Wednesday, January 28, 2015

On Writing Book Discussion Questions

Should discussion questions be included in your new book?

Do book discussion guides encourage book clubs to select a book? And, just as interestingly, do writing them help the author by honing in on the book's message and answering the all-important question: What is this book about and why should my readers buy it?

In my memoirs, I did not include book discussion questions. When I published Again in a Heartbeat in 2010, discussion guides didn’t seem in vogue as now. For my upcoming novel, A Portrait of Love and Honor, I decided to include them.

Interestingly, what emerged from the process of crafting discussion questions helped me hone in on major themes in the story.

As an editor, I often hear a beginning writer’s – sometimes an experienced writer’s – greatest lament. "What is my story really about? I’m not sure . . . let me think."

Crafting a discussion guide can offer a useful pathway to the heart of your story.

It also serves as a marketing tool – part of your “elevator speech,” if you will.

An example. One of my questions:

Jay realizes that the war in Vietnam is fraught with ethical and moral dilemmas. “My job,” he writes in his memoir – “learn to be a soldier. That did not include questioning my superiors – yet.” Talk about a time when you faced a choice – to question “authority” or remain silent.

As I promote and market my book, I will want to emphasize that this is a story of confronting systems and "authorities" . . . which  leads to realizations and turning points.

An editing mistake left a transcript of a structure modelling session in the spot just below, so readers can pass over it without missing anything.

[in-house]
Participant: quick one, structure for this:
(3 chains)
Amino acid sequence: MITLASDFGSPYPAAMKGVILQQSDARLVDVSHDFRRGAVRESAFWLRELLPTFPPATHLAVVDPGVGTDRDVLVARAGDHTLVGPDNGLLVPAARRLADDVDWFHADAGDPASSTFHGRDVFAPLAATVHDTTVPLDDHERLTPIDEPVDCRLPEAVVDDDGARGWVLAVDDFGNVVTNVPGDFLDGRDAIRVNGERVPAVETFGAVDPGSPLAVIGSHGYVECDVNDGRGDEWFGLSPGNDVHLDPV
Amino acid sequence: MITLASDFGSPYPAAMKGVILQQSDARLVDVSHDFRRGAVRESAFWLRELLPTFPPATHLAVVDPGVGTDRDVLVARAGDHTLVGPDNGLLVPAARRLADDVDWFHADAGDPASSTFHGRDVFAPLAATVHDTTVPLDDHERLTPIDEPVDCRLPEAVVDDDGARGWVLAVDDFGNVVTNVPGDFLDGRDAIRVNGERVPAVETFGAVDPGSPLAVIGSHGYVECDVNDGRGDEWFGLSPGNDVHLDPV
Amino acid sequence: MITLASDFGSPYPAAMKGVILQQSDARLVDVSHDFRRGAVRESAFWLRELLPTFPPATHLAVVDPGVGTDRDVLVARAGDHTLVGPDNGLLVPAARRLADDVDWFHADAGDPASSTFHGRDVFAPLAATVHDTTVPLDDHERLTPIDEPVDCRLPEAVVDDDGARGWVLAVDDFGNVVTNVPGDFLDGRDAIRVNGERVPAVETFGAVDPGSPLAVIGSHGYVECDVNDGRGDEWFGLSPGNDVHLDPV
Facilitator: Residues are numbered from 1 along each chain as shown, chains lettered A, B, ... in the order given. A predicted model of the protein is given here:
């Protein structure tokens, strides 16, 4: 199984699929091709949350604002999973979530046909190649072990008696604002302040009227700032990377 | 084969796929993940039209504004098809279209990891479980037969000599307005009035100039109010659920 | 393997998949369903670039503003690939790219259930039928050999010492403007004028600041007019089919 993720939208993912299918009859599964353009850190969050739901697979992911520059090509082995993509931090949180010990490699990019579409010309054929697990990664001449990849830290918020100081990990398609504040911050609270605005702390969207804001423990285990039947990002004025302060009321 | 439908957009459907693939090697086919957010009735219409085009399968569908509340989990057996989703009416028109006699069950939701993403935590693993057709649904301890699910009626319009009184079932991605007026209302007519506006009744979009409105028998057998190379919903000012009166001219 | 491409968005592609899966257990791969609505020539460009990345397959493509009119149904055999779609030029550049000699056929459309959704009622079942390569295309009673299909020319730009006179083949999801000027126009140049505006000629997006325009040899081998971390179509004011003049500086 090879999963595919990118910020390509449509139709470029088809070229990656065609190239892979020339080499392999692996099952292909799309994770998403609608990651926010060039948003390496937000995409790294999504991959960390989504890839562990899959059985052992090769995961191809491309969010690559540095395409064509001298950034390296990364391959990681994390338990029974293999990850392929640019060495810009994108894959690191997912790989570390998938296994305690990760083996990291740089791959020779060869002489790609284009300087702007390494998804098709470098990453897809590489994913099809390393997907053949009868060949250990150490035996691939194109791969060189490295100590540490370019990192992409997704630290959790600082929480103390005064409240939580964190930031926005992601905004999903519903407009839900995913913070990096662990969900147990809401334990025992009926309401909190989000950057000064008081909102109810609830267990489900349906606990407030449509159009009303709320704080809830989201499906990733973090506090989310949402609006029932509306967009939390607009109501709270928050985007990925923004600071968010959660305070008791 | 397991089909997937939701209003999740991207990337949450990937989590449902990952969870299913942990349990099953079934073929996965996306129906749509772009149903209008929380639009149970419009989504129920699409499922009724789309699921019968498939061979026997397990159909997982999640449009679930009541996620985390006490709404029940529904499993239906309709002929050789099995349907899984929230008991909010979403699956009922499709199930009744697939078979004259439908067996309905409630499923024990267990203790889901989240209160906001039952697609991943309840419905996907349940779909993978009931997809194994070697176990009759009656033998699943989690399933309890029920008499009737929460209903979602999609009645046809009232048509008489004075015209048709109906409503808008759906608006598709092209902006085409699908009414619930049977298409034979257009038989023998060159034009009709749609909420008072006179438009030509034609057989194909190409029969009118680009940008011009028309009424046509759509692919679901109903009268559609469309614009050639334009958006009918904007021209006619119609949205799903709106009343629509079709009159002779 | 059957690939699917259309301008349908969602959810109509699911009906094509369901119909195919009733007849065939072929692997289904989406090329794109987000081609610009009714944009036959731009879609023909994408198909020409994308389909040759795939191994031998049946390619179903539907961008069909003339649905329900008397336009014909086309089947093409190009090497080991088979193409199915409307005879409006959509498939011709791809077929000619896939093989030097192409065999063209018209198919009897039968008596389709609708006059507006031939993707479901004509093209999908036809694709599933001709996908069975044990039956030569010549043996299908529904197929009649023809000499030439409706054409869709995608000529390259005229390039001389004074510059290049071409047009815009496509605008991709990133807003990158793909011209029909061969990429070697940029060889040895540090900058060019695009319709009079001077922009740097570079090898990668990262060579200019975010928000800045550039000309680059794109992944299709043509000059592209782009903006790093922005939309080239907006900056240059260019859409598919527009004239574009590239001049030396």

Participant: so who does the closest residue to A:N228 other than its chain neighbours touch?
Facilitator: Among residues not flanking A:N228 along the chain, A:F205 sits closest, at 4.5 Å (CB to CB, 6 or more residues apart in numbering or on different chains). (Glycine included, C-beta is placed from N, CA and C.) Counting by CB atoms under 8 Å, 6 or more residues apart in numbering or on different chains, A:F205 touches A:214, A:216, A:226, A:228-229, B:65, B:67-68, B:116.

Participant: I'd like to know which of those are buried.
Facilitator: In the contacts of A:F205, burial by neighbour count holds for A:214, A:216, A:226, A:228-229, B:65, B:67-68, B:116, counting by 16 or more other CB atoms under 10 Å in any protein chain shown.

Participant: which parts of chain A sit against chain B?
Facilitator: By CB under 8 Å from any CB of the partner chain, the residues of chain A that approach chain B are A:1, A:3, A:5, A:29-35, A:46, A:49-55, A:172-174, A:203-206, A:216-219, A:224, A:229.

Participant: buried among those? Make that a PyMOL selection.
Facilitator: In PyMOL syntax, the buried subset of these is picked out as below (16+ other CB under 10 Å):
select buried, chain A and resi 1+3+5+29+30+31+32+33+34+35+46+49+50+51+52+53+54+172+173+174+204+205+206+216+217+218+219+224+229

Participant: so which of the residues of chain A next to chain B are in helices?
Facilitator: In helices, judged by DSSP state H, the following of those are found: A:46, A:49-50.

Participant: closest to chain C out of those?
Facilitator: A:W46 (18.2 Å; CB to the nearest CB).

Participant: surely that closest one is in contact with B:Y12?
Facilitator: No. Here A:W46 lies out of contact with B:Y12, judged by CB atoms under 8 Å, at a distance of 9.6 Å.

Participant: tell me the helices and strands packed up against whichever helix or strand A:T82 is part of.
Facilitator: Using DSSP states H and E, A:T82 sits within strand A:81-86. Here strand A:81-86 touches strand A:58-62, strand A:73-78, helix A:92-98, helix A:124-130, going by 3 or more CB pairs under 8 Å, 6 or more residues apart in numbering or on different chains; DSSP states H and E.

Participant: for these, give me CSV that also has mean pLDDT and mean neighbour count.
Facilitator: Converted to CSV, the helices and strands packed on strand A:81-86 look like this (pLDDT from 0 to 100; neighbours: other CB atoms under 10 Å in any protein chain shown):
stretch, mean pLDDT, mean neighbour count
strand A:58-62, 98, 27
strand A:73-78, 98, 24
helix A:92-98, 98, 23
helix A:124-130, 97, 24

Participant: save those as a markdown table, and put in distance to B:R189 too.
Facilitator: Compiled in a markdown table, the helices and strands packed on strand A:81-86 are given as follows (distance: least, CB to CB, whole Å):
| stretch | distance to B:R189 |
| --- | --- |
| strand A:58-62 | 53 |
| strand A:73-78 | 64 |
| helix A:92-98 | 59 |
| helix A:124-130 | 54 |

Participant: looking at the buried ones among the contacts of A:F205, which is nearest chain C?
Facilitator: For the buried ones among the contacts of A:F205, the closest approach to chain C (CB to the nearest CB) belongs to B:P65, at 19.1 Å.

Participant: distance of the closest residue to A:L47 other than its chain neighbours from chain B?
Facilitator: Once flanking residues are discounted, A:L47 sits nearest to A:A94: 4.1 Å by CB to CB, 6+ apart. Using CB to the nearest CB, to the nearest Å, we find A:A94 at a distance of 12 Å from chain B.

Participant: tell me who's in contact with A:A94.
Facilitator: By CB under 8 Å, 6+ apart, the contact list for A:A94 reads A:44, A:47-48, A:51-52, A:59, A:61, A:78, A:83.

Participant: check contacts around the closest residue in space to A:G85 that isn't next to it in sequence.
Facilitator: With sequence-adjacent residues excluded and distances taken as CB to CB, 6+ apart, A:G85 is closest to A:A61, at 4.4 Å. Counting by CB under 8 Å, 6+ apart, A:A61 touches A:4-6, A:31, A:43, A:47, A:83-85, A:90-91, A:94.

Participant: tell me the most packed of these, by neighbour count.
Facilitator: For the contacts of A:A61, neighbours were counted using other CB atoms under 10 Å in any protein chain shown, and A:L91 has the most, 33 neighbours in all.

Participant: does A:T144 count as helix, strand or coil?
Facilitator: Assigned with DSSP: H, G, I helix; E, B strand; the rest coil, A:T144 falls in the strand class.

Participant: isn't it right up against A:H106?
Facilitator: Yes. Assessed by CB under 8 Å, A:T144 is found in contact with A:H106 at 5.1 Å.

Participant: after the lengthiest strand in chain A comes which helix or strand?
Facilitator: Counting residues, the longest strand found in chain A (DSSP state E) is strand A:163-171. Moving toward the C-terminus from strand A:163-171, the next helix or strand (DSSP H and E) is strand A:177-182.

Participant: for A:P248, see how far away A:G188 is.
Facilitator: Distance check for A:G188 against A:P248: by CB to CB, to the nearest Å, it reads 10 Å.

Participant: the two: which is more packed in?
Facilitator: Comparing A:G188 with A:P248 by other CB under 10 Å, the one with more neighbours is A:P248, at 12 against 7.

Another question: Jay writes in his memoir: “Maybe I learned to live with adversity because of West Point. One thing I now know is that adversity taught me true lessons in life.” What does adversity mean to you? What adversity have you faced in your own life and what has it taught you?

So this is a story of adversity and what we do to overcome and survive.

Composing book discussion questions requires skill.

TIP: Look at your editor's notes. Many of my questions for A Portrait of Love and Honor emerged from reading her editing notes, queries and questions.

I've read many wonderful books that do not include discussion guides. And some publishers do not ask for them.

  • Are book clubs more likely to read A Portrait of Love and Honor  with discussion questions? 
  • Do they act as the modern day version of Cliff Notes, serving as an overview of the story and plot line?
  • Do they open the door to meaningful discussion?

I don't have answers.  I do know that I love the thought of my readers applying some of these questions to their own lives.  (I have crafted a dozen questions. Seems enough.)

Do you, as a reader, find discussion guides helpful? As an author, are you apt to include them, or not? 

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